How John Lennon and Pete Shotton robbed a house for a tea-chest bass!

Bill Smith, Pete Shotton, John Lennon, Don Beattie and Michael Hill

Bill Smith, Pete Shotton, John Lennon, Don Beattie and Michael Hill

In the first look at the Fab 104, we examined the impact and importance of George Smith, Julia Lennon and, of course, harmonica tutor Arthur Pendleton. This time we look at the founding members of The Quarrymen: John Lennon, Pete Shotton and Bill Smith.

In a rare interview, Bill Smith told me where they formed the group and how they came up with the name, The Quarrymen – and who didn’t like the suggestion! They may look innocent, but in the photo we see, from left to right, Bill Smith, Pete Shotton, John Lennon, Don Beattie and Michael Hill (more on the latter two guys later). Bill also told me why his collar is up, and the story behind the hairstyles. Bill was the first tea-chest bass player with the group, but when he left the group, Lennon and Shotton broke into Bill’s house and stole it! But Bill took it back! Read Bill’s story in “The Fab One Hundred and Four: The Evolution of The Beatles” at

David Bedford


The Beatles: You Tell Me That It’s Evolution, well, you know…………or do you?

Could you tell someone how they went from the Quarrymen to the Beatles? I started researching it and therefore started writing “The FAB one hundred and Four: The Evolution of The Beatles”. And I was amazed – there were 104 people! I went looking for the musicians who played with every incarnation of the group, plus those who taught The Beatles to play, and those who played a significant part in the evolution of the Beatles, from the first Fab Four: John Lennon, Pete Shotton, Bill Smith and Eric Griffiths, to the famous Fab Four: John, Paul, George and Ringo.

Follow me on a journey from the very start of The Beatles to the end of 1962 when Ringo Starr had become the final piece of the jigsaw in the Fab Four.

It all started with John Lennon, and in particular, the influence of his mum Julia. Having been separated from his mother at the age of 5, he reconnected with her in his early teens, and she became a major instigator in Lennon’s musical journey. As Julia played banjo, ukulele and piano there was always music in the house, and she encouraged her son with his musical ambitions.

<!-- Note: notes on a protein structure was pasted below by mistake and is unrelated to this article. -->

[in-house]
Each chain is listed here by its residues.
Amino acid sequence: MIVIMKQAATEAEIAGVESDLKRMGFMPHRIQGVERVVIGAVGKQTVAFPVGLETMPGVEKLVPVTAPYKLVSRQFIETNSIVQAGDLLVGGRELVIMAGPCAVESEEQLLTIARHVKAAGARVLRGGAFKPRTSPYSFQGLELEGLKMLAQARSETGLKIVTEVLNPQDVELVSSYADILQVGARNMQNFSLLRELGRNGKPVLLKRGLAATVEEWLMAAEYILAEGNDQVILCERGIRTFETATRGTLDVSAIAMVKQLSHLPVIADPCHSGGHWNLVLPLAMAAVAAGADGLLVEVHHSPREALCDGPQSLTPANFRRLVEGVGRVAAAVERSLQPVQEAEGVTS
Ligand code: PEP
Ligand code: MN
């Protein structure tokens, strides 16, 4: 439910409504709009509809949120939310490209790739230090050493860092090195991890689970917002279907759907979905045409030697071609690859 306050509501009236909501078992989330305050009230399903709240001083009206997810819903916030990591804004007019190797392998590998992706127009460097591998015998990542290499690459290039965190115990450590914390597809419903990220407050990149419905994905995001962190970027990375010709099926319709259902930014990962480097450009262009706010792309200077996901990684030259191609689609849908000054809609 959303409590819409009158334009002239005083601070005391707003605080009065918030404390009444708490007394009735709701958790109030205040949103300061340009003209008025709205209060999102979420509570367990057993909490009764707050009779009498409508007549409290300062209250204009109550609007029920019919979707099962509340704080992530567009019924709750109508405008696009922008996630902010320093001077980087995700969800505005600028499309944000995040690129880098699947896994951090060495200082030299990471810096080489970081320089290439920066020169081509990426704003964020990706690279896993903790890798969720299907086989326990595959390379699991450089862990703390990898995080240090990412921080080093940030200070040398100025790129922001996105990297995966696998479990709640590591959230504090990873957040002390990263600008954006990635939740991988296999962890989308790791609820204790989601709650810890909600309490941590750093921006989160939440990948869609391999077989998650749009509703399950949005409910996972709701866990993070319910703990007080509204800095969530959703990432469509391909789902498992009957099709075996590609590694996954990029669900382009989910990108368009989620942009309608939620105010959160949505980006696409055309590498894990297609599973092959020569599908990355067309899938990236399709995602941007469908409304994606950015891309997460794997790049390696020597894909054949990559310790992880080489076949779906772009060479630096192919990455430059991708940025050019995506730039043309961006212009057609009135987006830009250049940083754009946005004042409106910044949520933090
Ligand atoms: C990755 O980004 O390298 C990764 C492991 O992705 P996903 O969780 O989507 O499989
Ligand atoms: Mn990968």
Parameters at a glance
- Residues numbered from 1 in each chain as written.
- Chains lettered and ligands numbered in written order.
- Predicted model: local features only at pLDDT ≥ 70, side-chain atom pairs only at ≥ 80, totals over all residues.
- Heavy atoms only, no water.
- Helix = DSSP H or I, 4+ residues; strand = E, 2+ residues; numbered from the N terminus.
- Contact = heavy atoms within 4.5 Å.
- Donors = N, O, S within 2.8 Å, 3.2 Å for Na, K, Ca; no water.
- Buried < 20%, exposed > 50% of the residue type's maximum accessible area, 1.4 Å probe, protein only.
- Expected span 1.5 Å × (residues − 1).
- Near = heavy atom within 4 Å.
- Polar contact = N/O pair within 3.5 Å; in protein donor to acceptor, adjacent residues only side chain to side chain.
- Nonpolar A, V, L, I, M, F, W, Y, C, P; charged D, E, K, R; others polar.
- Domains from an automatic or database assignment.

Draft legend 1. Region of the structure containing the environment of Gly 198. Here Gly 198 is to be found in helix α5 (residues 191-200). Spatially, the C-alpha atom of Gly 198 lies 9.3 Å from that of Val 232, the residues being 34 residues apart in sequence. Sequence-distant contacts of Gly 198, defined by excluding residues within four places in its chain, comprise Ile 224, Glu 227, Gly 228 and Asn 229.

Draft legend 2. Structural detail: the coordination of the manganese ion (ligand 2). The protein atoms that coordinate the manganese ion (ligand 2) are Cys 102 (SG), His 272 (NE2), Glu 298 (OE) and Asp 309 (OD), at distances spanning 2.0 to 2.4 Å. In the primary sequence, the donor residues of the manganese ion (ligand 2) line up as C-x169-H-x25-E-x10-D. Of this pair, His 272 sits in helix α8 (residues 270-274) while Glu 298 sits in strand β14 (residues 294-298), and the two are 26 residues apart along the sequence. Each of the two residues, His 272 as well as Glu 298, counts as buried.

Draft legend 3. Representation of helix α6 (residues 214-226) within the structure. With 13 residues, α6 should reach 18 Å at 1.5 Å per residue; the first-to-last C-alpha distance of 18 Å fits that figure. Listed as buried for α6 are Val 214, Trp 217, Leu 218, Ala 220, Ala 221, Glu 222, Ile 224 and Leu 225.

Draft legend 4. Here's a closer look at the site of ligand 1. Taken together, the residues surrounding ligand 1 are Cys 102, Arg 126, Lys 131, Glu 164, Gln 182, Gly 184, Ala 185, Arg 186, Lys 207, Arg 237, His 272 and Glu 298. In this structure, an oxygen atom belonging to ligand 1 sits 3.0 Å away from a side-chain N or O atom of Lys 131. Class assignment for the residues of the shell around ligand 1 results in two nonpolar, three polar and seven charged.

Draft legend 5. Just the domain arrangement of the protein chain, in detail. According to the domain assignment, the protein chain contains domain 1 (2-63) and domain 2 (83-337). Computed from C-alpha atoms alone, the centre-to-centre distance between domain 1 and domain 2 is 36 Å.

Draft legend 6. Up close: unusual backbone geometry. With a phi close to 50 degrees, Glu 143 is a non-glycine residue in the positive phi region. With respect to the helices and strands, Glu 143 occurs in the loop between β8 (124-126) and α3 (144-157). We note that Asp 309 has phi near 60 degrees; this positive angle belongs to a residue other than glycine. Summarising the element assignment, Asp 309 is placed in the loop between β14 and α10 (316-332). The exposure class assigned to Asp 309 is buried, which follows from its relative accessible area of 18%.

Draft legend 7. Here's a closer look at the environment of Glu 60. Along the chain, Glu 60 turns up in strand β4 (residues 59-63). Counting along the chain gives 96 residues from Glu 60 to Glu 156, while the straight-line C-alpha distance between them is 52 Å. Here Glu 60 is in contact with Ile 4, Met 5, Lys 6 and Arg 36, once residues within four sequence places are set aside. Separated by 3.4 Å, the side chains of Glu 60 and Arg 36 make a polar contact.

However, once he had a guitar, because he couldn’t play it or tune it properly, John tuned his guitar to his mother’s banjo, and so learned to play only banjo chords on his guitar. When he met Paul on 6th July 1957, he was playing banjo chords, which confused the young McCartney.

Julia also wanted to encourage him to learn to play the harmonica that his uncle George had given him. Julia’s neighbour, Arthur Pendleton, was a keen harmonica player, and so Julia sent young John to take lessons from Arthur. Those lessons, and not lessons from Delbert McLinton, helped to form the distinctive sound that caught the ear of George Martin, and underpinned the Beatles’ first hit singles.

Next time: how John acquired his first guitar.

For more information go to

David Bedford

Arthur Pendleton who taught John to play harmonica

Arthur Pendleton who taught John to play harmonica

Do you know when George Harrison joined The Quarrymen? Beatles historian says think again

For many years, we have known that George Harrison, at the invitation of his school friend Paul McCartney, auditioned before John Lennon a few times. The place where he was successful, according to all sources, was on the top deck of a bus outside Wilson Hall in Garston. The date? 6th February 1958.

Or was it?

While researching my latest book, “The Fab one hundred and Four: The Evolution of The Beatles”, I re-examined the available evidence, with help from Quarrymen banjo player/ historian Rod Davis, especially looking at the exit from The Quarrymen of Eric Griffiths. We know that Eric left The Quarrymen because he was replaced by George. Eric put away his guitar and joined the Merchant Navy. I therefore obtained a copy of Eric’s Merchant Navy records (reproduced in the book) which shows that Eric joined his first ship on 11th February 1958! We could then see that Eric qualified as an officer cadet in January 1958, which means he would have signed up for the Merchant Navy in mid December 1957.

Therefore, George must have joined The Quarrymen before the middle of December 1957 for Eric to have left and signed up for the Merchant Navy. When we check the records, The Quarrymen played at Wilson Hall on 7th December 1957, which makes this the likely date for George’s successful audition to join The Quarrymen.